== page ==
Behind it all is the food. For all great chefs the ingredients must be the finest, the freshest the region can offer. "It's all about the region," Van Aken says. "The multicultural southern tip of Florida--the nexus of North America and the Caribbean, touching Cuba, the Florida Keys, the Yucatan, the West Indies, the Bahamas and South America. The cuisines of the Old World merge with the foods of the New World." It's also about fusion--a term Van Aken is credited with being the first to use in connection with food--"the fusion that's at the heart of New World cuisine. It's what I know and what I love." The multiculturalism includes a taste of Africa and Asia, Africa as a "logical and historical extension of the diaspora to the Caribbean," Japanese as "a food esthetic I admire," and Vietnamese as a kind of cooking "I just fell in love with."  

His methodology, he says, is based on the "north, east, south and west of flavors--sweet, sour, salt and bitter. The complexity of the flavors travels in different directions."  

The complexity is reflected in the menu. Here's a sample of recent dishes:   Pan-cooked Piedmontese beef strip steak with a Maytag Blue Cheese flan, cipolline onions, black trumpet mushrooms, shaved organic hazelnuts and red wine-port reduction. ("The beef is grown on a small farm in Ohio and we get it through Buckhead Beef in Atlanta," Van Aken says.) Pan-roasted Gulf escolar ("It's from the Gulf of Mexico, and it's richer than tuna.") with braised escarole, crispy cockscomb, pommes frittes and a sherry-shallot jus. Calypso spice-rubbed mofongo-stuffed and roasted dolphin on Yuca fries with black bean essence, mojo de cana and a carambola salsa. ("The classic mofongo is made with sweet plantains and pork. It's very rich. We make a substitution," he says with a laugh. "We use foie gras instead of pork.") He also uses liver in his signature dish, down-island French toast with Curacao-scented and seared foie gras, griddled brioche, savory passion-fruit caramel, turmeric and gingery candied lime zest.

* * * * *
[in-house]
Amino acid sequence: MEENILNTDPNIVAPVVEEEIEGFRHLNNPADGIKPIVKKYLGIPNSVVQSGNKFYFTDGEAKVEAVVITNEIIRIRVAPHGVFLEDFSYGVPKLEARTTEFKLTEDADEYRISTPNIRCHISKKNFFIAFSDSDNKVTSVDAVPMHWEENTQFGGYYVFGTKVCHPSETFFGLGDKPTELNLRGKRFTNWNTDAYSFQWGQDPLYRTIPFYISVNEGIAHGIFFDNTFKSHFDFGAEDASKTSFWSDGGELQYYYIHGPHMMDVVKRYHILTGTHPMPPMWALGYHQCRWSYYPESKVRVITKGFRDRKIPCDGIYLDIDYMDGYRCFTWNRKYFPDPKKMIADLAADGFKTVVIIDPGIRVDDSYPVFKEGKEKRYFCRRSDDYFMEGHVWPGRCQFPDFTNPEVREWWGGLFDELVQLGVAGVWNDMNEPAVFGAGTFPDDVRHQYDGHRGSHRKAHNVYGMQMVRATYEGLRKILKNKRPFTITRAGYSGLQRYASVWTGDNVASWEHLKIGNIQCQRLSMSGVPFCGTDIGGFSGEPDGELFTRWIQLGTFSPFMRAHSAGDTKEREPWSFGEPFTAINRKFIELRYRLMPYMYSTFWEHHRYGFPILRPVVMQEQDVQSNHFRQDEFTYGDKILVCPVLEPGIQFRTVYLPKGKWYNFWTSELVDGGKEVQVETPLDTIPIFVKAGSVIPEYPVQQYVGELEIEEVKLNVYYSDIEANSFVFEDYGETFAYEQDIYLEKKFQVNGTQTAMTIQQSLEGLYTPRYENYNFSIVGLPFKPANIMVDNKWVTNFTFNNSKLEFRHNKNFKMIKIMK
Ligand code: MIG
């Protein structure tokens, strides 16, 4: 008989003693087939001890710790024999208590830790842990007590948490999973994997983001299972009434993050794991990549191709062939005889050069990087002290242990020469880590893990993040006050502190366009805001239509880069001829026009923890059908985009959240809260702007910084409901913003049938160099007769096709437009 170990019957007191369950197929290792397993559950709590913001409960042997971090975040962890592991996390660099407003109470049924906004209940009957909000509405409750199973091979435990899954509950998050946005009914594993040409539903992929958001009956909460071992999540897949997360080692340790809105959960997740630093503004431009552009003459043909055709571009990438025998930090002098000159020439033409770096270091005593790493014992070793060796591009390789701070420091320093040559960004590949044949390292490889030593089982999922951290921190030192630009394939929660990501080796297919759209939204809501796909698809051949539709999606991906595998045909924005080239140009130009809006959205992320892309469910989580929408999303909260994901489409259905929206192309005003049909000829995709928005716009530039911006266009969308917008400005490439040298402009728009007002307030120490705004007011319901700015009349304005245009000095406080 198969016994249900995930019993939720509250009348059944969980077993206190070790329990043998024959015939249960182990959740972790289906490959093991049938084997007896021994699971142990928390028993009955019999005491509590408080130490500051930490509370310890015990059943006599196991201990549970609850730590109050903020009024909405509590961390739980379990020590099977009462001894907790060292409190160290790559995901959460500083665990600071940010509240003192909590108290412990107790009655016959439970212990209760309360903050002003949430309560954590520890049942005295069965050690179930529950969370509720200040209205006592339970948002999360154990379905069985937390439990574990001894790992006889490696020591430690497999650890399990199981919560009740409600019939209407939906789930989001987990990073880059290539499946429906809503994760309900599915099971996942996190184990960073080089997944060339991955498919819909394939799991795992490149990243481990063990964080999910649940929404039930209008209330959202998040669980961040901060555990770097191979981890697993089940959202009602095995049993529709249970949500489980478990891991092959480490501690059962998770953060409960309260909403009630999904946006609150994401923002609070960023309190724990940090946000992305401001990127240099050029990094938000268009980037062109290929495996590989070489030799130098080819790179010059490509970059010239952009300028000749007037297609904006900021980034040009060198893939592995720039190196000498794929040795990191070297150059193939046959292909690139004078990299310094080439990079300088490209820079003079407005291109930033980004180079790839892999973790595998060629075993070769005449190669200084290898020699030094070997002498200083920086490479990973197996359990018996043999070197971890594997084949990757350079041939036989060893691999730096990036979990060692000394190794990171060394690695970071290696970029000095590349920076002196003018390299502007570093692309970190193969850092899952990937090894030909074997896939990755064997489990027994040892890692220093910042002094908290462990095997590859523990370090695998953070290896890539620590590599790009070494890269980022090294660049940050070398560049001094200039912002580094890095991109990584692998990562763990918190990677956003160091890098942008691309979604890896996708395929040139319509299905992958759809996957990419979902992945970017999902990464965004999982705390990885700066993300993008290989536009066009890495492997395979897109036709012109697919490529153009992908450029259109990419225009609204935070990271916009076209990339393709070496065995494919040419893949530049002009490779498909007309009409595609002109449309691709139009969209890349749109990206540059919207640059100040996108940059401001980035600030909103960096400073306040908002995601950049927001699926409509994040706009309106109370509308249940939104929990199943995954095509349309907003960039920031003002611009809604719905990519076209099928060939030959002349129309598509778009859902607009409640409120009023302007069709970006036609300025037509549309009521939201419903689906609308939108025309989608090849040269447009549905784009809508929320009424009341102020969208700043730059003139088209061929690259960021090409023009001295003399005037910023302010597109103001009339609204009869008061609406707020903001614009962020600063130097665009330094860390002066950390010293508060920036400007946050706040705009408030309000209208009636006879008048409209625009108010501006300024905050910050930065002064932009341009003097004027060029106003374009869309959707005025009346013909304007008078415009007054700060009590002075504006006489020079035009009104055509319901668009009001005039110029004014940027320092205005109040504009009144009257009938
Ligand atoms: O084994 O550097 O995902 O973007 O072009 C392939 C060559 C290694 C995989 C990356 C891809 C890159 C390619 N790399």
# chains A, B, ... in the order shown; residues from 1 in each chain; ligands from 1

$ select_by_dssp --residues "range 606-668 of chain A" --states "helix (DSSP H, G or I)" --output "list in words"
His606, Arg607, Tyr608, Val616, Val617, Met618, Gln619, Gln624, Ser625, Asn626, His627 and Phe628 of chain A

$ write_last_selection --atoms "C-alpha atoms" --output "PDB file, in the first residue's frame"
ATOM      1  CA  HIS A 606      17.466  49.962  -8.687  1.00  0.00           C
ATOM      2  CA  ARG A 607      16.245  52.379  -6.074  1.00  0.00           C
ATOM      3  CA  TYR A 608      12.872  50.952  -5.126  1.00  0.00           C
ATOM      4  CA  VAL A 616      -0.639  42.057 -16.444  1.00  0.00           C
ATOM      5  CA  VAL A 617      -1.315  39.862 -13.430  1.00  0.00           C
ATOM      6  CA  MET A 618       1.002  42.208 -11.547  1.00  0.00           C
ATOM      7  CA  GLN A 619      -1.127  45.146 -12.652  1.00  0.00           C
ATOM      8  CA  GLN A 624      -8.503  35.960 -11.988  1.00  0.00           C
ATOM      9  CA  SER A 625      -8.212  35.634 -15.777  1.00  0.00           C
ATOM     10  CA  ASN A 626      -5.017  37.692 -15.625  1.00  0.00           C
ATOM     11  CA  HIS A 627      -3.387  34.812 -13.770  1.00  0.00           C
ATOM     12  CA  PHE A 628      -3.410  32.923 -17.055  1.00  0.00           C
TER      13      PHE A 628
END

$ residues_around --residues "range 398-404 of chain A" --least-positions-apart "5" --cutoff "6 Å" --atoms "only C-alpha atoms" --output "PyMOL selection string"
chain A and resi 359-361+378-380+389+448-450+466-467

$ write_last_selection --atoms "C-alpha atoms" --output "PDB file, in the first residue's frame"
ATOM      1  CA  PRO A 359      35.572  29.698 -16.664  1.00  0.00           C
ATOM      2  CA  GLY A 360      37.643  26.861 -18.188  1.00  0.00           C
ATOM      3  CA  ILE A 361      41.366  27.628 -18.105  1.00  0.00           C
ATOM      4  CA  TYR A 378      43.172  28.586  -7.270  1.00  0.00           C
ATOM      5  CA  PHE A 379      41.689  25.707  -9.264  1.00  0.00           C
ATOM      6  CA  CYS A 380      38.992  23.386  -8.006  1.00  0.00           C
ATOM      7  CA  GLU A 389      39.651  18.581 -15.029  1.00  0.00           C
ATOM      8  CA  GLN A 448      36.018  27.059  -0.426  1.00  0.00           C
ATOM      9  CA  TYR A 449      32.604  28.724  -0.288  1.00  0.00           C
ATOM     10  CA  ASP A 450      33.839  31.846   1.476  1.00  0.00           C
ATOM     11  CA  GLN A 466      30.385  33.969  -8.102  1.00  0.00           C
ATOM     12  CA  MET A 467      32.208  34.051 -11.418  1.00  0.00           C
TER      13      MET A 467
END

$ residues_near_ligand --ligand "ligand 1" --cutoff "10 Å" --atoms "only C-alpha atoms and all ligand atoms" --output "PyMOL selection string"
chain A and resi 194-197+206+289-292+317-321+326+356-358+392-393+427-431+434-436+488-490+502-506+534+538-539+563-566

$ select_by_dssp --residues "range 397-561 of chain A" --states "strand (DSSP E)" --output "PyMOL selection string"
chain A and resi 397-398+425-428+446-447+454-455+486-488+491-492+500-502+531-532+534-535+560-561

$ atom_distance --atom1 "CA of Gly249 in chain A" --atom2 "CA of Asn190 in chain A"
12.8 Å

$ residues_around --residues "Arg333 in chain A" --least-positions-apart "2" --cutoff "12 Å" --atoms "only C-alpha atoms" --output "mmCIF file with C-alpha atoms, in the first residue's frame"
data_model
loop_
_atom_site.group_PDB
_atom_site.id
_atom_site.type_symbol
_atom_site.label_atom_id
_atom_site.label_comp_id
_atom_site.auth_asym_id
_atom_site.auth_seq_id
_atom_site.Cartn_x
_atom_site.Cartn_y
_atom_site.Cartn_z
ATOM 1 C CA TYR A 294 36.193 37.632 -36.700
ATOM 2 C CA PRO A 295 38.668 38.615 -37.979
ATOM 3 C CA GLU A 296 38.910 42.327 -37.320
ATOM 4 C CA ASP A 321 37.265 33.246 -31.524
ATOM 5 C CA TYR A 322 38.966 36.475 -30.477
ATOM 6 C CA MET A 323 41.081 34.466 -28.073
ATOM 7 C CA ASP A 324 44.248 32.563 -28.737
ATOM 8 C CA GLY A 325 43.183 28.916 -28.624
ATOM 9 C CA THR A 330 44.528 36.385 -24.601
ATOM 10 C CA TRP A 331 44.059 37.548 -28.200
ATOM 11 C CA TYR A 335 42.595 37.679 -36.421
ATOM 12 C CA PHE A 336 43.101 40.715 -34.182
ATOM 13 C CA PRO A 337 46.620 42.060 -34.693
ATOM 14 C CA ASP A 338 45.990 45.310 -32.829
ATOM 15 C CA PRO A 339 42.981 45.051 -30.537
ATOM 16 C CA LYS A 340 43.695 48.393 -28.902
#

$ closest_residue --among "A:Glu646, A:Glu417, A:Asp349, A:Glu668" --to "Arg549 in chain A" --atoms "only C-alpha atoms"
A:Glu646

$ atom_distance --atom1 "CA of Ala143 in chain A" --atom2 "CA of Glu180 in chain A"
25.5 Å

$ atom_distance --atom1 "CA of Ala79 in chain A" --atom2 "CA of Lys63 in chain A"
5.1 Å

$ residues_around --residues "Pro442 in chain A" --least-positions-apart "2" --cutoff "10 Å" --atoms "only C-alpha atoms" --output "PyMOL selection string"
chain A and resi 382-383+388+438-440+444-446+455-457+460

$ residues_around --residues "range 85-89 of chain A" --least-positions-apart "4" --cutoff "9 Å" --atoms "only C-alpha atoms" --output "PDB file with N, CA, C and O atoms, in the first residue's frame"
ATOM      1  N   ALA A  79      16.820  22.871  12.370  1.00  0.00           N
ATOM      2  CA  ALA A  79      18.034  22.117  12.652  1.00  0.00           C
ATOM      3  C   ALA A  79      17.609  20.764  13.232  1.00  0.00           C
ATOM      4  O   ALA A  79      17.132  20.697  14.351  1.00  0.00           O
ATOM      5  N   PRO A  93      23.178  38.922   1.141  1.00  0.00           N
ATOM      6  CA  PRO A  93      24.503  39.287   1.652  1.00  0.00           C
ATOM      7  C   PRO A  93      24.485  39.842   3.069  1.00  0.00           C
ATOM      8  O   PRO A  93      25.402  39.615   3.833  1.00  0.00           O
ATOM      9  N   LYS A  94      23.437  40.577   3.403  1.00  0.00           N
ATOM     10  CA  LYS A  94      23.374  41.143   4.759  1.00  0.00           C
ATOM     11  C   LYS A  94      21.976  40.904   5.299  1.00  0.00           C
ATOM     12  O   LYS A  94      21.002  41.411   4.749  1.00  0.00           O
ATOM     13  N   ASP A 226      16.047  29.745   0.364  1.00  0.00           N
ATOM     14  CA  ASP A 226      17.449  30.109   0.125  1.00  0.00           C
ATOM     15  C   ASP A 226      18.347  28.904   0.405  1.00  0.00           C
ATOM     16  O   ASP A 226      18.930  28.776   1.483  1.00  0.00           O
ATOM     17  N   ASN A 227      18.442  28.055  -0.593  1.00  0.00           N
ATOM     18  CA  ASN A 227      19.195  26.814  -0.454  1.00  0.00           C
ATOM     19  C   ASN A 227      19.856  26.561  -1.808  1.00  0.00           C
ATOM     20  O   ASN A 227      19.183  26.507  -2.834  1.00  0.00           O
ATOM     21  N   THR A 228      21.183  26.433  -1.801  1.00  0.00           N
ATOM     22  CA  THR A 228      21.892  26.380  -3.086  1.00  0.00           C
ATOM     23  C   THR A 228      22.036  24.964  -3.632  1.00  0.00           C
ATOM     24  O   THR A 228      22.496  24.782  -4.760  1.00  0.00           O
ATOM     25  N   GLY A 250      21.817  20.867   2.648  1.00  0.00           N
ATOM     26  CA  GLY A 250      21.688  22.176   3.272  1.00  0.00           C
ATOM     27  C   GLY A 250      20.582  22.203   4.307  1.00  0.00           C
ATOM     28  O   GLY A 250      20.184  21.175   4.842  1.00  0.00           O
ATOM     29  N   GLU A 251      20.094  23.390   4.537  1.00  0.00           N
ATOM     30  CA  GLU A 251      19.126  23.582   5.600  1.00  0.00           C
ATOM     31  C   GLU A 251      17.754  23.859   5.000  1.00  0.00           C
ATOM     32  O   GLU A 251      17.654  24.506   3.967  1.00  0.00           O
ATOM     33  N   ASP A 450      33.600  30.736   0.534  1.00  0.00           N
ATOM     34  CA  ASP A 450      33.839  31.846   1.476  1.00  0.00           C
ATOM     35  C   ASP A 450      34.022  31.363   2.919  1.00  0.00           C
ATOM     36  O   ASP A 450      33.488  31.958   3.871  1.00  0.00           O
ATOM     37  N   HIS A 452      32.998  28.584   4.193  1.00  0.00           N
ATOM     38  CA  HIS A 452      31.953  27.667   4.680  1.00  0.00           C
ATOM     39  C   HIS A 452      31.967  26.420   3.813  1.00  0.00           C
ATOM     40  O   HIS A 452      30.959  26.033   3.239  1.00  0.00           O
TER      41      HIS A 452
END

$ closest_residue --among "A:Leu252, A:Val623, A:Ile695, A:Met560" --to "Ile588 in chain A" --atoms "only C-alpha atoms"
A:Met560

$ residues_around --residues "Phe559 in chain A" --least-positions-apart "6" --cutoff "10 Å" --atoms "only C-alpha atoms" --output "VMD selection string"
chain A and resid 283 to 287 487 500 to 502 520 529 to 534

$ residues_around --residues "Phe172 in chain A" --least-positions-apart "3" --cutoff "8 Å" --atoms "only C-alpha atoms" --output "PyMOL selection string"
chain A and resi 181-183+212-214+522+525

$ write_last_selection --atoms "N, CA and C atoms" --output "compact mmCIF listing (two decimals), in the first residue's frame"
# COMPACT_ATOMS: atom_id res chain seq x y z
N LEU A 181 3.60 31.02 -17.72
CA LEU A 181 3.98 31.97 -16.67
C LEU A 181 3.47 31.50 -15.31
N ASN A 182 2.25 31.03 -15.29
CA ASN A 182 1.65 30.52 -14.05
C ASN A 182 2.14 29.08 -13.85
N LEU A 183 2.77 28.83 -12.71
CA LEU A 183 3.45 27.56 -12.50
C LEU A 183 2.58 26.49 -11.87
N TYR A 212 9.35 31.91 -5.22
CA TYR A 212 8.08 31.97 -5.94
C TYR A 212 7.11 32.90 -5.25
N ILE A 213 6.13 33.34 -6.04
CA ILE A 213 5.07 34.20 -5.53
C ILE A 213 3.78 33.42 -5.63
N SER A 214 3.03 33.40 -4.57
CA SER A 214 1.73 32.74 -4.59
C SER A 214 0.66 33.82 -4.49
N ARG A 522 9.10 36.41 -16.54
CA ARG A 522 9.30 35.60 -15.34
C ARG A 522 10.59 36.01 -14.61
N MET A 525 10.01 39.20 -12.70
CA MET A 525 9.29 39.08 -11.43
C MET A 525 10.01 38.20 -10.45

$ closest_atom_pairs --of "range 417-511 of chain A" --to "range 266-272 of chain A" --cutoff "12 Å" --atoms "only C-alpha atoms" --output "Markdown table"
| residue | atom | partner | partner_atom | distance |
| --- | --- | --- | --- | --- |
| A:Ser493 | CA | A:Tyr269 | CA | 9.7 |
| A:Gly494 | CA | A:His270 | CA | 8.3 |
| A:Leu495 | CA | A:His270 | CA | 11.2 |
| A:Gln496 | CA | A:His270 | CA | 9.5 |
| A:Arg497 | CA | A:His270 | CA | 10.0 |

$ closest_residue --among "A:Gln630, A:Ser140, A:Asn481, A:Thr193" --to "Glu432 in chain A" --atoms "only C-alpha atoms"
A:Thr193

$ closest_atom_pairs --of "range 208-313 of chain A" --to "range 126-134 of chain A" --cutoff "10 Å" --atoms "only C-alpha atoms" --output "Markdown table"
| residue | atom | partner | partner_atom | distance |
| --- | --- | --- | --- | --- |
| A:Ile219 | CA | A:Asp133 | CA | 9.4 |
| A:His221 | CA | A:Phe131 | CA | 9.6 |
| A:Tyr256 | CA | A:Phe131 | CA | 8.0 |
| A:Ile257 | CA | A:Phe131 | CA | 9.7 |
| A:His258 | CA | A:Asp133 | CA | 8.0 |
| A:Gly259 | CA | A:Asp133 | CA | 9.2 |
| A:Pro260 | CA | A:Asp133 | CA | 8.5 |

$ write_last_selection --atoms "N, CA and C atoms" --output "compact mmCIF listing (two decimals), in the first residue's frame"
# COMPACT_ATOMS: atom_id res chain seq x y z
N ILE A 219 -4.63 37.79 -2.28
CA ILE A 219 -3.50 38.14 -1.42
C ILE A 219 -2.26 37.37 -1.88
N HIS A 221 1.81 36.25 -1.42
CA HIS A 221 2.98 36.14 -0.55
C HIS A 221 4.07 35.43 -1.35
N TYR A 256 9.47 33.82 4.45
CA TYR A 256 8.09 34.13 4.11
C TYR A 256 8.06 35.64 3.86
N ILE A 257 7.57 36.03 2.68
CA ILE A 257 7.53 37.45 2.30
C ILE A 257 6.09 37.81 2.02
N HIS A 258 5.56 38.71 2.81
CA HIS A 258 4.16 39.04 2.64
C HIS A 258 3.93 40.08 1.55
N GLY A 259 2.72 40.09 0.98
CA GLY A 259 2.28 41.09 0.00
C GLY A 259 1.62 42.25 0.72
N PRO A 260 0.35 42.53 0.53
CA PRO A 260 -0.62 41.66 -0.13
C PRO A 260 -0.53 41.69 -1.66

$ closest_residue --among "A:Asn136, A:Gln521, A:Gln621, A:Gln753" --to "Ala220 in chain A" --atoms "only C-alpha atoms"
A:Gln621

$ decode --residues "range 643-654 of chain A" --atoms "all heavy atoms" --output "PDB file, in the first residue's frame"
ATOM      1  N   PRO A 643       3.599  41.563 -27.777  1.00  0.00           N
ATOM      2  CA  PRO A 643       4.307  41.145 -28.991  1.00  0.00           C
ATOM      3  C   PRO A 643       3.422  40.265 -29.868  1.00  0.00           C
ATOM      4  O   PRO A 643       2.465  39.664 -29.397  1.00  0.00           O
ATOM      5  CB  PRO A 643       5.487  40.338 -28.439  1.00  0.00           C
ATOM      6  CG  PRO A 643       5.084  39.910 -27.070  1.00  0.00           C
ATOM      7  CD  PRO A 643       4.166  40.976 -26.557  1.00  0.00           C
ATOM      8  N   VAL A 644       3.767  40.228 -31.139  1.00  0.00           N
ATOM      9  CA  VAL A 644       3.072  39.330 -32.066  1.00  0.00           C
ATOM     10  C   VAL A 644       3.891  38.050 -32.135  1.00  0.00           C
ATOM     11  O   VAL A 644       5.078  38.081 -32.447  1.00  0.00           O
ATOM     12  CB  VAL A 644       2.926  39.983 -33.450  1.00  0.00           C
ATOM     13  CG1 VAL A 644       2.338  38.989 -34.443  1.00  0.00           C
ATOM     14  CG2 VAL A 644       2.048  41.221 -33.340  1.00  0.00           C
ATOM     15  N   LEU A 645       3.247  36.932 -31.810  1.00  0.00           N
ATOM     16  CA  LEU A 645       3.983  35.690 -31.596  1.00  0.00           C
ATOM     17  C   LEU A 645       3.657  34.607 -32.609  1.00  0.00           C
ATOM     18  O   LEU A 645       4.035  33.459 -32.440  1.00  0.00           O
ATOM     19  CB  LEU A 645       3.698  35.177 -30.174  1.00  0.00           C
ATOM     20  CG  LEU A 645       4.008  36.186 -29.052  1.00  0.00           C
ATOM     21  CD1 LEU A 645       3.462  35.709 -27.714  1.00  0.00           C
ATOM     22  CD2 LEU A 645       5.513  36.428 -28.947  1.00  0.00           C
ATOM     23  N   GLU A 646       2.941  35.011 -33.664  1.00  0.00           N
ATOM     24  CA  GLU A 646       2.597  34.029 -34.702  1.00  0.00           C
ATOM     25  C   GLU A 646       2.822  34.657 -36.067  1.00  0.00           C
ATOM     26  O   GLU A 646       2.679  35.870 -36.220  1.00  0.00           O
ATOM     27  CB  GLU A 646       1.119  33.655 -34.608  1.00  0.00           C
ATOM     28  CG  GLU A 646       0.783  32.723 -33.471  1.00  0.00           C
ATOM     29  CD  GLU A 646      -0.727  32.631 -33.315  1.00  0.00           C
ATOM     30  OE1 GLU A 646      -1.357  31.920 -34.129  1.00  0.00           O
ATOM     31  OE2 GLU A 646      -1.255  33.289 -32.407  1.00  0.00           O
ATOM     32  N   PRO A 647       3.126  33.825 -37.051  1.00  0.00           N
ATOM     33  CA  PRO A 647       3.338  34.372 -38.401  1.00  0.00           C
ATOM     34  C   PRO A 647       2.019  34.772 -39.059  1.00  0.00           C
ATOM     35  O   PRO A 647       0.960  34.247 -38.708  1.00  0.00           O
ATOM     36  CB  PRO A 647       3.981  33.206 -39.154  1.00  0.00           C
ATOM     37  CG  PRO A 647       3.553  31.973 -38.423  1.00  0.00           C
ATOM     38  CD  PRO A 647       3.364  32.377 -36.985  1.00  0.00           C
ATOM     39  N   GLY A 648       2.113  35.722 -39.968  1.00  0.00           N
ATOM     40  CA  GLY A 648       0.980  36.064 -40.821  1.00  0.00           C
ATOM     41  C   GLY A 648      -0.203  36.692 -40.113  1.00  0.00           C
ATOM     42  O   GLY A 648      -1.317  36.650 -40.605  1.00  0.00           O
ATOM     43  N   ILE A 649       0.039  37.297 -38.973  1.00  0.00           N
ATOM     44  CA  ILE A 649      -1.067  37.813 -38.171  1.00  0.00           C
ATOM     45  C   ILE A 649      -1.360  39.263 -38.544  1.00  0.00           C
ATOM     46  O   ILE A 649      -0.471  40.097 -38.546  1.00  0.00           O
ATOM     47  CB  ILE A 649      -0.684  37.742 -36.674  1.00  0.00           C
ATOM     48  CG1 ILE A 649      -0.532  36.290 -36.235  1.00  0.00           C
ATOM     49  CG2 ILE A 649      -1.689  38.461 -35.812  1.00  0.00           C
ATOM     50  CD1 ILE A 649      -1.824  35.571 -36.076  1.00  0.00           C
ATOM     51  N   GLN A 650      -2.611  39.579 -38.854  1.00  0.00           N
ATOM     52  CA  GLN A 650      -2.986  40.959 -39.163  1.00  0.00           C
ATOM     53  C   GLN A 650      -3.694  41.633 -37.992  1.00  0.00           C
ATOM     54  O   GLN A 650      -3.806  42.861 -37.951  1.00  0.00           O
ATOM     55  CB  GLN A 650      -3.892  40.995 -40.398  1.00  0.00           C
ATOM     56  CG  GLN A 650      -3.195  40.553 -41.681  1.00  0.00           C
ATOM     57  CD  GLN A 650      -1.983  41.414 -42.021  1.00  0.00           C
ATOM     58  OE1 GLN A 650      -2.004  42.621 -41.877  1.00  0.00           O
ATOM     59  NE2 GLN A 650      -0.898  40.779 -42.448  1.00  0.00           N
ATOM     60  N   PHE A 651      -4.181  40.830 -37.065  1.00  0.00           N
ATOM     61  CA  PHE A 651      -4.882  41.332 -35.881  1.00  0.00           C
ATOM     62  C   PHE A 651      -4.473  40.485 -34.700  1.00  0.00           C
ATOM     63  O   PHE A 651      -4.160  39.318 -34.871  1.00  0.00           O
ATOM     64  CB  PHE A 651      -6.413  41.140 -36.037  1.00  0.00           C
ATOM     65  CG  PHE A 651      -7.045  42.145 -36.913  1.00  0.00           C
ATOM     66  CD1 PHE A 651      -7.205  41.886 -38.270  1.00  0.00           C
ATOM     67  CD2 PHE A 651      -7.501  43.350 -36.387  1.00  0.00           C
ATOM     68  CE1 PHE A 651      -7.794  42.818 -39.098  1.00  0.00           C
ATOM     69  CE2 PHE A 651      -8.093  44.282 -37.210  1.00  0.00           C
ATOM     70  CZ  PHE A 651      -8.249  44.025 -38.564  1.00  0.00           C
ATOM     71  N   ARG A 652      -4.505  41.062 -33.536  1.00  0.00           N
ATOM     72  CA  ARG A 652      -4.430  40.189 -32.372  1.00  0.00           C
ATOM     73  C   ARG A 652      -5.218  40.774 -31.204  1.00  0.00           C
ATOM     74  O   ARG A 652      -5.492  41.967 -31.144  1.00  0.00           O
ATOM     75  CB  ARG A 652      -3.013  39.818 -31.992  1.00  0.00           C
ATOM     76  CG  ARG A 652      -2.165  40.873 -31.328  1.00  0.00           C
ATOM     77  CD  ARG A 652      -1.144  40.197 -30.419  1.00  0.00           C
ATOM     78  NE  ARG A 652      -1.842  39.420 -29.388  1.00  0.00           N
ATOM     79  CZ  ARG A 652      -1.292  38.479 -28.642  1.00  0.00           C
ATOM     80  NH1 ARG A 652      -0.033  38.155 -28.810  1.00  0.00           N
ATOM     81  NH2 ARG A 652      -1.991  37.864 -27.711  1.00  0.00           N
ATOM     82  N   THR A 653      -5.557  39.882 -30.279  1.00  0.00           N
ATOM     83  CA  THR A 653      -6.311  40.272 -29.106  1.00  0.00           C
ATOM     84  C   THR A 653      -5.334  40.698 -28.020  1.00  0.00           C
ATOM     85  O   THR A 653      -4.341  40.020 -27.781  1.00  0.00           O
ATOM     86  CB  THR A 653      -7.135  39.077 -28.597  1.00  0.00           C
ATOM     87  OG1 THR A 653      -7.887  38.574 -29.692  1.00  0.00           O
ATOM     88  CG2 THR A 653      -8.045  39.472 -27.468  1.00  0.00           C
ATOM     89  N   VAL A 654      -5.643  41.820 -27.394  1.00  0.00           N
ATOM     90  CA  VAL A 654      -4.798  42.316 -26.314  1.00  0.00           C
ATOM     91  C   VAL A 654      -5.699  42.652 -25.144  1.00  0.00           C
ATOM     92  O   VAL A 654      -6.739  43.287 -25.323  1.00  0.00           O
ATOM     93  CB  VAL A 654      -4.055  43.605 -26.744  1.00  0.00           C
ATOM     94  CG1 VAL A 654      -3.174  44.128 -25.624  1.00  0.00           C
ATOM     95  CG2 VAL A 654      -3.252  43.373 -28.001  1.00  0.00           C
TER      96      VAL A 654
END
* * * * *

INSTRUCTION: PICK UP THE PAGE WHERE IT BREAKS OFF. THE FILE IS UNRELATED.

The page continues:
How did Van Aken learn to create those imaginative dishes? His immediate answer is deceptively simple. "Something in me intuitively knew what to do, in terms of cooking, in terms of flavors, in terms of adding the right ingredients. I seemed to know what would work. It's difficult to describe. A lot happens simultaneously, a lot of data that sits in your mind from everything you've read and everything you've tasted, all the markets you've been to, what you've smelled, what you've cooked. Many people believe that what happens is you think of something for the first time that day. But there's so much more. I've got a very good memory.  

"It's a matter of going to a market and seeing what's there--the market experience is really important to me. I keep charts in the kitchen for me and my chefs to see what's in season every month. I know that early in November, for the first time sea scallops will be coming in. It's a matter of working with the seasons. A lot has to do with a balance between acidity and meatiness--whether it's meat, fish or chicken, or even vegetables that have a sort of meaty quality--and with manufacturing textures, crunchiness and softness. It's a question of how are you going to create this fulcrum, this balancing beam, this teeter-totter--but it's not only linear, it becomes multidimensional, with curlicues, circles, Ferris wheels of flavors and opportunities."